Reflections on Chanukah and on Light and Darkness from an Educational Perspective
by Zehavit Gross, Dean, Faculty of Education & Head of the Sal Van Gelder Center for Holocaust Research & Instruction, Bar Ilan University.
Chanukah is one of the most distinct holidays in the Jewish calendar. It is a national holiday commemorating the victory of the Hasmonean rebellion over the Assyrian Greeks during the Second Temple period. Chanukah is a holiday of civil uprising and struggle for the establishment of Jewish sovereignty in the Land of Israel. This holiday expresses Jewish resolution and courage to overcome Greek efforts to annihilate Jewish individuality, in favor of Assyrian Greek cultural universality and the enslavement of the individual to the extrinsic and physical.
Chanukah is a holiday of light, happiness and gratitude for the re-institution of the holy work in the Temple and the miracle of the small cruse of oil [with enough oil to last one day, that lasted eight days]. Over and above the military and physical victory of the Hasmonean reign (completed on the 25th of Kislev), this is an educational holiday. Chanukah derives from the Hebrew verb Ch.N.Ch. meaning education), symbolizing the victory of the spirit and the reinforcement of the ethos of Jewish spiritual bravery. The fact that it involves lighting candles adds a special mystical and spiritual dimension.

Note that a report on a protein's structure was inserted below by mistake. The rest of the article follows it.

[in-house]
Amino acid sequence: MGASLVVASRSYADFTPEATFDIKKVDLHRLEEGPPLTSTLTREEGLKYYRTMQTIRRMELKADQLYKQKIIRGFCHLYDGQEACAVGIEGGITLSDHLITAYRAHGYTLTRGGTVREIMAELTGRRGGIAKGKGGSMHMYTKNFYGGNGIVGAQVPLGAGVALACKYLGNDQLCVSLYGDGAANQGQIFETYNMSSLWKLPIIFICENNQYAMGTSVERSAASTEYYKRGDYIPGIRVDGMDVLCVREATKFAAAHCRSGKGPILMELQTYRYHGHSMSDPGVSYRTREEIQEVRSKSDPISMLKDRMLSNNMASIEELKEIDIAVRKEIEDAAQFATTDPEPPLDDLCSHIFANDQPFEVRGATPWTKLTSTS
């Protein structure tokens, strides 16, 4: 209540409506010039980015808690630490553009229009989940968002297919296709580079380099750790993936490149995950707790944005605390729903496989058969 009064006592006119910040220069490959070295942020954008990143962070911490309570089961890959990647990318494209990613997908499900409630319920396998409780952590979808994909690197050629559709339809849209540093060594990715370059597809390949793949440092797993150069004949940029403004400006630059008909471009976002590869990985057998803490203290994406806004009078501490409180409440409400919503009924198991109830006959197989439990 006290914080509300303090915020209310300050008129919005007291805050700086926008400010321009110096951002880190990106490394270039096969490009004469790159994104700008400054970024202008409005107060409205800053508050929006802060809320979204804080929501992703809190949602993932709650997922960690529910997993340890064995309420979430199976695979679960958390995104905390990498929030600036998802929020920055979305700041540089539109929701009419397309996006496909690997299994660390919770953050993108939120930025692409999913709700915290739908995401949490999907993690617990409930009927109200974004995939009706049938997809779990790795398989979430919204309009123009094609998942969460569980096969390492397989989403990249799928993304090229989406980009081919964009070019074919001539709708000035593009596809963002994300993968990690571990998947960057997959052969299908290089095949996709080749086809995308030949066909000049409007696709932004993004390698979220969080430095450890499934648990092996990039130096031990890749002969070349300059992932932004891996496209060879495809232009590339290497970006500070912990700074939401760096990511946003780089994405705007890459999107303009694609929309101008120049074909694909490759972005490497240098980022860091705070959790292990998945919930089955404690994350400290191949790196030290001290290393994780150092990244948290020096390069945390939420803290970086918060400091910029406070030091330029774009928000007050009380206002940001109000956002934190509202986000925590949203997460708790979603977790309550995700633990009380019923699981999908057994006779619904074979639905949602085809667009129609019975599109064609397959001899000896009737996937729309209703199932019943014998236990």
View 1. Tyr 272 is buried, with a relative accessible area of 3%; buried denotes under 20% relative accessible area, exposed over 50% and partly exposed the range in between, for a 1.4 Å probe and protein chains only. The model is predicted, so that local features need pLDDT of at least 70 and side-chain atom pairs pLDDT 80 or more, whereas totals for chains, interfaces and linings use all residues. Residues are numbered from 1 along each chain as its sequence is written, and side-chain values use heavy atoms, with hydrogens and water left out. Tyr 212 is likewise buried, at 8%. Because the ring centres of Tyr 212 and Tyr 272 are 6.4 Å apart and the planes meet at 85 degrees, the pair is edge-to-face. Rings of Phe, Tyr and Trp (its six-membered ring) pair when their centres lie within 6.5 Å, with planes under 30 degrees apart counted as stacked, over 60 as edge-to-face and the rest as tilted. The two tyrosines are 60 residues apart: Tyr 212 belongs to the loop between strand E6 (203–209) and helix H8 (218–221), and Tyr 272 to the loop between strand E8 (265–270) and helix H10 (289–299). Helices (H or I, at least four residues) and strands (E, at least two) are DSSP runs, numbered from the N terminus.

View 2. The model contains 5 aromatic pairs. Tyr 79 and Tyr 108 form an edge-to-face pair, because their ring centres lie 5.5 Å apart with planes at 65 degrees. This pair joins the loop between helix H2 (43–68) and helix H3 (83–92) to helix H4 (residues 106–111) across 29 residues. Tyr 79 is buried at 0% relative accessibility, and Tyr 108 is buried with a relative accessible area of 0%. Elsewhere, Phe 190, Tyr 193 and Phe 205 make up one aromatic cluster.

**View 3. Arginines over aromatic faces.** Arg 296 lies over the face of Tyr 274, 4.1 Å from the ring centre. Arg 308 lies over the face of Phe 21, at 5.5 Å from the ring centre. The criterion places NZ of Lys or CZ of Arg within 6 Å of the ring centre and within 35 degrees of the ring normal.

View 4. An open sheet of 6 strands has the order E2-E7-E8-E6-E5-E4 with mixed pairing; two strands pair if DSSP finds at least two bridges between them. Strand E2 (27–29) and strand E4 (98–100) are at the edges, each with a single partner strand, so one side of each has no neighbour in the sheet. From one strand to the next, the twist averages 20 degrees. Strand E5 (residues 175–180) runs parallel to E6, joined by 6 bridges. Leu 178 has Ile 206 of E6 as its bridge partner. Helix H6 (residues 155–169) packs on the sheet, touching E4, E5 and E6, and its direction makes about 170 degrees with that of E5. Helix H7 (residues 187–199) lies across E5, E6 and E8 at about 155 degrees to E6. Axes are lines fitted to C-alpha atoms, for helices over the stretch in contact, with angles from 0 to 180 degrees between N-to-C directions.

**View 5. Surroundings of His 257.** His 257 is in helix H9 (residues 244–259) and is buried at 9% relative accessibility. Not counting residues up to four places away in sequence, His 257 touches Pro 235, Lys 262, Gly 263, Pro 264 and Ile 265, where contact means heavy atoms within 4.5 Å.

The preservation of Chanukah in Jewish national awareness is an example of the way that any collective memory should be preserved.
The discussion on preserving memory is a key discussion in the Jewish world. Memory is one of the elements comprising a coherent identity. These days there is a significant debate about the preservation of the memory of the Holocaust. It seems that the preservation of the memory of Chanukah, according to the Mishnaic and Talmudic sages, contains several fundamental elements, which can teach us how to turn the memory of the Holocaust into a historical memory with timeless significance.
Psychologist Aaron Antonovsky, who developed the Salutogenesis Model in psychology, claimed that a sense of coherence is a personality tendency, expressing the level of a person’s basic and on-going confidence that what happens in his inner or external environment is expected, understood and can be explained. Therefore, the sense of coherence has three main elements, and for the purpose of our discussion correlates with the story of Chanukah in the “Al Hanisim” prayer said on these days: